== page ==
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McLaren entered the 2011 24 Hours of Spa with three MP4-12C GT3 supercars, but only one of them - car number 60 - managed to end the race. The second vehicle - car number 58 - was retired by the team following a thermal incident.
However, the most unlucky racer was car number 59. The #59 was hit by a competitor - a black BMW E92 M3 GT4 - which forced the carbon chassis-based 12C GT3 off its trajectory and into the wall at turn 1. Driver, Andrew Kirkaldy, was cleared of any serious injury at a nearby hospital following a precautionary scan. The car was subsequently placed in Parc Ferme at the circuit and awaits inspection by the McLaren GT team engineers.
Kirkaldy said: "I was obviously disappointed that one of our cars was forced out of the race so early. Our performance has been strong in development tests and our debut race at Spa in the British GT Championship showed the car is technically reliable."
From 2012, McLaren Automotive and CRS Racing will supply and support a limited number of FIA GT3-compliant racing cars based on the McLaren 12C high-performance sports car for privateers. Each model will be priced at £310,000 excluding taxes (or about $495,000 at the current exchange rates).
However, at the vehicle’s official launch of the new MP4-12C GT3 race car, managing Director Antony Sheriff talked about the company’s future plans for the GT3. Turns out, the company plans to offer a road legal version which will be limited to about 20 units. It will be go on sale at a price higher than $500K.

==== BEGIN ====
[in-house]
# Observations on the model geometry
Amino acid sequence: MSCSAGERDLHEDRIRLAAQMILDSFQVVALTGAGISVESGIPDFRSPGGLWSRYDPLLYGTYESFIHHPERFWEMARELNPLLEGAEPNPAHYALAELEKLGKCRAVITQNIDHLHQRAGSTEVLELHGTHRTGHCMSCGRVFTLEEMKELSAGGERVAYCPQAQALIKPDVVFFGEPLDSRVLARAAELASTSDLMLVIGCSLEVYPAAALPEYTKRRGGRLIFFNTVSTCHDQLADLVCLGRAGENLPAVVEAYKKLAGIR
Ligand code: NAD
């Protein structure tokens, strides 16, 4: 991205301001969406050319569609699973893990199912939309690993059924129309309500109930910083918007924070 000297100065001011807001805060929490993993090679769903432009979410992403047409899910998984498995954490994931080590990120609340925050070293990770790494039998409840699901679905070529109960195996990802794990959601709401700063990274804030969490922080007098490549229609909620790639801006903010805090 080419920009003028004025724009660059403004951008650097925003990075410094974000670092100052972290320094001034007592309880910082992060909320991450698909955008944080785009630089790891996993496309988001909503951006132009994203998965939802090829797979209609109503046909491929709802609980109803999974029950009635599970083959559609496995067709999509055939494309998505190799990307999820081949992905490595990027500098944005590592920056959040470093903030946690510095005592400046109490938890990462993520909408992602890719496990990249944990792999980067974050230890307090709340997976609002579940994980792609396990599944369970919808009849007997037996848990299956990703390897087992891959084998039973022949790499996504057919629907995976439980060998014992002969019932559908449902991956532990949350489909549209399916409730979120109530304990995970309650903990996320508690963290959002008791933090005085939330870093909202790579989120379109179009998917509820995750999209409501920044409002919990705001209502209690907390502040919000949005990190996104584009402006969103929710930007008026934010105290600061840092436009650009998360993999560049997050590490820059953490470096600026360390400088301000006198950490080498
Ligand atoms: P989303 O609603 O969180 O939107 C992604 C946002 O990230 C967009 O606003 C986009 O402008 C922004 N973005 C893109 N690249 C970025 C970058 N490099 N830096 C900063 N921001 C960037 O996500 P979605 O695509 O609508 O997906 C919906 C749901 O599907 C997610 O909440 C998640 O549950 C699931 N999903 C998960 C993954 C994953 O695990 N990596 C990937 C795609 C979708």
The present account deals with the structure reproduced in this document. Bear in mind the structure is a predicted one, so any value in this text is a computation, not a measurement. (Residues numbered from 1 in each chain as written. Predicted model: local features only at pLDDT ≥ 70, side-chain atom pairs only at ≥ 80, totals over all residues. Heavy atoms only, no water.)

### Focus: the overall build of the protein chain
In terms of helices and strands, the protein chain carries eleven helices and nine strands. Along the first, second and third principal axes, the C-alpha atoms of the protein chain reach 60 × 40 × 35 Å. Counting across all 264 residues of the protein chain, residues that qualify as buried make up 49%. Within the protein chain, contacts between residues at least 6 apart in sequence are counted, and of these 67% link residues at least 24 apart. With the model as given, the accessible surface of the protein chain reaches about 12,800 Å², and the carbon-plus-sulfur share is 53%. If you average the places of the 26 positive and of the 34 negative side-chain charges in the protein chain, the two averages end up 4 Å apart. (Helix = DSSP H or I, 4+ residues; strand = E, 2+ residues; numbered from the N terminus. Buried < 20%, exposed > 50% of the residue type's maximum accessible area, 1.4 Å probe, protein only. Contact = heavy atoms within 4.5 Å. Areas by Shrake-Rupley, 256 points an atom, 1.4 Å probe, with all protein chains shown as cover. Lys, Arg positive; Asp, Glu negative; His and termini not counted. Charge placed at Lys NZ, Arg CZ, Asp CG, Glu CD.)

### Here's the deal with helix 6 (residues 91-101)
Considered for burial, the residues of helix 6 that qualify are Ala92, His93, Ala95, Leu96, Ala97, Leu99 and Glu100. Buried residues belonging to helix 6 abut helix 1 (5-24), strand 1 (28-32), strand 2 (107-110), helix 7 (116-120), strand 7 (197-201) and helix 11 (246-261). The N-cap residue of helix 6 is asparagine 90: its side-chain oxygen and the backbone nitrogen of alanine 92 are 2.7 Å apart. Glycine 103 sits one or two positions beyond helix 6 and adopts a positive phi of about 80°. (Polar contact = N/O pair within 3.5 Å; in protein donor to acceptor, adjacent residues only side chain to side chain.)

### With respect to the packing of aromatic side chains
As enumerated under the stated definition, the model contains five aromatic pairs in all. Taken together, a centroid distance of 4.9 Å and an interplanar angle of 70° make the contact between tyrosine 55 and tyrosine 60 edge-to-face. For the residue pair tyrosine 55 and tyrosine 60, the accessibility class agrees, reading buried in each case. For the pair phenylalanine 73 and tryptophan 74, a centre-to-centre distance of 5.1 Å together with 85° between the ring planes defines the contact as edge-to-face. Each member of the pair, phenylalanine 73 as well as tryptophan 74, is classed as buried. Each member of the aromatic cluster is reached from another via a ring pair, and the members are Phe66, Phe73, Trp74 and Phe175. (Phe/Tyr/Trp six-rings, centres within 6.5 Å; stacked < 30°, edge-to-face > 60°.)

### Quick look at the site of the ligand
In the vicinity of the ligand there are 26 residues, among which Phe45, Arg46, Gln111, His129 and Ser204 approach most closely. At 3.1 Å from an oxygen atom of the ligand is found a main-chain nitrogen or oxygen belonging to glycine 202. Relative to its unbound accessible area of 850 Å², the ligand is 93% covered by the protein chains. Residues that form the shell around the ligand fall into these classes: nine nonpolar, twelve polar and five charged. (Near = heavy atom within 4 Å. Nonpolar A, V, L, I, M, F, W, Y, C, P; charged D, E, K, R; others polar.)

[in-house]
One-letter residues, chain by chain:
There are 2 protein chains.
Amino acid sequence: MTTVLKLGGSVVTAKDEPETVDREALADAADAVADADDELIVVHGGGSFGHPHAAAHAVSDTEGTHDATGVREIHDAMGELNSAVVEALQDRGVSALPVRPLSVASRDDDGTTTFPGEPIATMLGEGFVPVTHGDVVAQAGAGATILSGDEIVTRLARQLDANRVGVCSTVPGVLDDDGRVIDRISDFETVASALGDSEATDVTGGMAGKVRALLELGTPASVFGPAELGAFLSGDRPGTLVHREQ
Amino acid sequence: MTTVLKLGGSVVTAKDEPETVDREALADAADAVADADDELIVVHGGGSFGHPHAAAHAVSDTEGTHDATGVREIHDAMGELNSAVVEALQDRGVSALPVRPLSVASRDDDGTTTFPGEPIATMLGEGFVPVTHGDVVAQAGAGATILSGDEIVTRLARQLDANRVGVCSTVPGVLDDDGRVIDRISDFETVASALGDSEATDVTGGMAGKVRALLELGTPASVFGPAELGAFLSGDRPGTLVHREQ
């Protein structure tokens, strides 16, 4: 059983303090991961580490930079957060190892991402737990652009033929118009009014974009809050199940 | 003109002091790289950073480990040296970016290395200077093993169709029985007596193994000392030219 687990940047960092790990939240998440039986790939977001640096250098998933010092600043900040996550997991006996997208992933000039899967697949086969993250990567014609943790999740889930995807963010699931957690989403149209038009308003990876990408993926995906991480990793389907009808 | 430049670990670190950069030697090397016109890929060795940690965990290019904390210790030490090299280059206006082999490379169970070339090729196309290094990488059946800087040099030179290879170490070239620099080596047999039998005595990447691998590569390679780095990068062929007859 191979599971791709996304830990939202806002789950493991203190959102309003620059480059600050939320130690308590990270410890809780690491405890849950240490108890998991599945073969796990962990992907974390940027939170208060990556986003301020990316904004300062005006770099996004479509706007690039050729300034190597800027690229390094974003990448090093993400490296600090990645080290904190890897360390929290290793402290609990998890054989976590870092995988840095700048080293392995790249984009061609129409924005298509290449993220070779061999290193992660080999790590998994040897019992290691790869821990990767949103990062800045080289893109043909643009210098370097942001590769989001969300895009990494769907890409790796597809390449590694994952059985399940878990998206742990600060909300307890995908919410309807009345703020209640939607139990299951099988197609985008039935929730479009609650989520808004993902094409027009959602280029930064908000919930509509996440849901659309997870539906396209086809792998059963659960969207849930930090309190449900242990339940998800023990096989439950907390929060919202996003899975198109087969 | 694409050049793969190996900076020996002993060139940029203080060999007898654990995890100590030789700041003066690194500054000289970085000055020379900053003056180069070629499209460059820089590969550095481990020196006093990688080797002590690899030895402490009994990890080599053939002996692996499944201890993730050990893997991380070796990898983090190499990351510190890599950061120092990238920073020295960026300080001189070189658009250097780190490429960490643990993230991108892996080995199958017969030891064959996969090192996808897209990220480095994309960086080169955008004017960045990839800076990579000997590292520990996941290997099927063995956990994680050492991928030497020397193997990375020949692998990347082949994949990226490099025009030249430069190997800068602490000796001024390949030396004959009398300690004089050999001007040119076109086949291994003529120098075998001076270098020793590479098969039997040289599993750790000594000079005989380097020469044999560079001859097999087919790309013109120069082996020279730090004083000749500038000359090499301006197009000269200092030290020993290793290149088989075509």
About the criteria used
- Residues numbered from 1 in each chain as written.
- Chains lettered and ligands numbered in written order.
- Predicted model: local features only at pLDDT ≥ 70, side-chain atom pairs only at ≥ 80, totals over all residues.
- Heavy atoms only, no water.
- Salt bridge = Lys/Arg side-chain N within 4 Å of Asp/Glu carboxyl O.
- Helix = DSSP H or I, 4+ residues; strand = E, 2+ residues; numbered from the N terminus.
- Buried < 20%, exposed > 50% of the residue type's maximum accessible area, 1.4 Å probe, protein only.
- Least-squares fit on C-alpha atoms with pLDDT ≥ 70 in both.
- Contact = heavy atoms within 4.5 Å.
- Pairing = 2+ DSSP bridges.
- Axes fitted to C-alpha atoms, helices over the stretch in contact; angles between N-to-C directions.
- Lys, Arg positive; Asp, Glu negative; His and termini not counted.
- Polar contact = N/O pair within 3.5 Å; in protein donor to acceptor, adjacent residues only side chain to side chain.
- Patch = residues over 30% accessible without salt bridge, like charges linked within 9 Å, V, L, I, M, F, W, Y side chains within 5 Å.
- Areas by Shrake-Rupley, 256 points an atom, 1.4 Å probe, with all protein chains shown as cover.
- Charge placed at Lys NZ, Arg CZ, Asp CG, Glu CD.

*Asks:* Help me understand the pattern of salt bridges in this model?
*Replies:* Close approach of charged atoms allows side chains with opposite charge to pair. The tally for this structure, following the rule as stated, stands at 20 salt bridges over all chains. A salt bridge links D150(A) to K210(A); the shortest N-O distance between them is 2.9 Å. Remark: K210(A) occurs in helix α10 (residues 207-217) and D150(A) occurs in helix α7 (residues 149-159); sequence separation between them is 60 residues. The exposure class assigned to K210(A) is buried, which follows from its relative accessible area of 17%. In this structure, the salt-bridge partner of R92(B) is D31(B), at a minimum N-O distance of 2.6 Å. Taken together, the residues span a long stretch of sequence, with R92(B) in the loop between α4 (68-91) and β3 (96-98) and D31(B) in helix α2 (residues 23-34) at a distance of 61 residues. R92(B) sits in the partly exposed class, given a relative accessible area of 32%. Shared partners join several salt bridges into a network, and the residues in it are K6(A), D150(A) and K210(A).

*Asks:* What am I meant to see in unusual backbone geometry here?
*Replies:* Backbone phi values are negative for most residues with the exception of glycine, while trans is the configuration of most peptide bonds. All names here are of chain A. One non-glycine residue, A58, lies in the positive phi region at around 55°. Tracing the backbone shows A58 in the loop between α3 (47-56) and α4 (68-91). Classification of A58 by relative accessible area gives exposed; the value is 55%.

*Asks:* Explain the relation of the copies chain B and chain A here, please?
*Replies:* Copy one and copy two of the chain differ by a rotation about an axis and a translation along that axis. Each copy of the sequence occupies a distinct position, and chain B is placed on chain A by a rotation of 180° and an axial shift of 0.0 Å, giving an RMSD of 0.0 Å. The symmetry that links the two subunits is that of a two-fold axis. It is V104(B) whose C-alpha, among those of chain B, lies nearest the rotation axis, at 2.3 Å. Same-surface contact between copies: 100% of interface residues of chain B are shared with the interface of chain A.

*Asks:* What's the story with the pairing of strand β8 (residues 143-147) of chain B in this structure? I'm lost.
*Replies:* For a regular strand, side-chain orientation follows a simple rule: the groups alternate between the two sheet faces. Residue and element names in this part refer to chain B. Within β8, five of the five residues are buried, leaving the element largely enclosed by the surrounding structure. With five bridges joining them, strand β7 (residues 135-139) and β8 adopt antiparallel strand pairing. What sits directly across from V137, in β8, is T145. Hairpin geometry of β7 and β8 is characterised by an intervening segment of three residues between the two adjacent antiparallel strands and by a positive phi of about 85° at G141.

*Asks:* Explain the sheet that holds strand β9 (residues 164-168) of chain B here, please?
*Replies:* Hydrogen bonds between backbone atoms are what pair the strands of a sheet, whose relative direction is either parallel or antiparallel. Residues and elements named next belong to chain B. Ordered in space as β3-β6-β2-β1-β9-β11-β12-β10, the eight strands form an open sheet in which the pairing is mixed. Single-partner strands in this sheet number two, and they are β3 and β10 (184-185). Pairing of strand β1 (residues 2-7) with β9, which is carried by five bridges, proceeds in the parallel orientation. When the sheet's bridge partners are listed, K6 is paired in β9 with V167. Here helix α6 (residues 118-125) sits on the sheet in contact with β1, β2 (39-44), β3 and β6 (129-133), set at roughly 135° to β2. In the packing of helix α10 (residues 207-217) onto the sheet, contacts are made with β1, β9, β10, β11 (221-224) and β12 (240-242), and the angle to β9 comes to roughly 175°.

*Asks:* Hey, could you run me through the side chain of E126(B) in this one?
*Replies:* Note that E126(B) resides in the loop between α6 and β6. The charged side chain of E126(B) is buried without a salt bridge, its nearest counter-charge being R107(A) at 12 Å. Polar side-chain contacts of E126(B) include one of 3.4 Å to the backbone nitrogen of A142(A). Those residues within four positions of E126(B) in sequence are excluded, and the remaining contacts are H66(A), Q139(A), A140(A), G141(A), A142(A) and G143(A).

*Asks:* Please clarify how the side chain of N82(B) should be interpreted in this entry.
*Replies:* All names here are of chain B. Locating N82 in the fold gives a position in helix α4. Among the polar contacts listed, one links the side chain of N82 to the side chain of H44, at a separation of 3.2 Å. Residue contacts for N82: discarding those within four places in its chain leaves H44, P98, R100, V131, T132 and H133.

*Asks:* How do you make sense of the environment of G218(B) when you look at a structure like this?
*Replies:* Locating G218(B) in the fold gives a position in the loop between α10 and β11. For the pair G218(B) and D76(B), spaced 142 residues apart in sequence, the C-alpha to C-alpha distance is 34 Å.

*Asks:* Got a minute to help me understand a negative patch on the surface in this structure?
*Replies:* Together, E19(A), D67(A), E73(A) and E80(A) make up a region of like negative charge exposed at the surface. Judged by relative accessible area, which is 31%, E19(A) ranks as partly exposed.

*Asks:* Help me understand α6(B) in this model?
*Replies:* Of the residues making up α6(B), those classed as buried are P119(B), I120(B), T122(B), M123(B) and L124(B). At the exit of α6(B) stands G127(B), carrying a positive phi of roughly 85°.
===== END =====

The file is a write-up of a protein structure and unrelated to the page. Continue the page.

In an interview with Inside Line Sheriff also said that McLaren doesn’t have any plans to "over-egg it" with the MP4-12C. A roadgoing McLaren is in the works, but the car will not get various models like Porsche did with the 911.
In March 2012, McLaren announced that a total of 25 new MP4-12C GT3 cars will race across Europe and in FIA GT1 World Championship in 2012. The race debut was made as a safety car in the FIA GT1 World Championship race at the Nogaro circuit in France on April 8-9, 2012.
After seeing all the modifications made to car, the first question that comes to our mind is: Does the new 12C GT3 have what it takes to stand in front of its GT3 competitors?
The main competitior for McLaren newest race car is the Mercedes SLS AMG GT3 . This Mercedes is powered by a 6.3-liter V8 engine that delivers an impressive 600 HP. It may have had a tragic start at its Nurburgring debut, but recovered quickly and ended up winning the Nurburgring North Loop . So, does the McLaren have what it takes? We’ll reserve our judgment for when we see it in action.
- Impressive aerodynamic updates
- Overall look is amazing
- Runs like hell
- We’ll never actually drive it
- Exact power figures aren’t given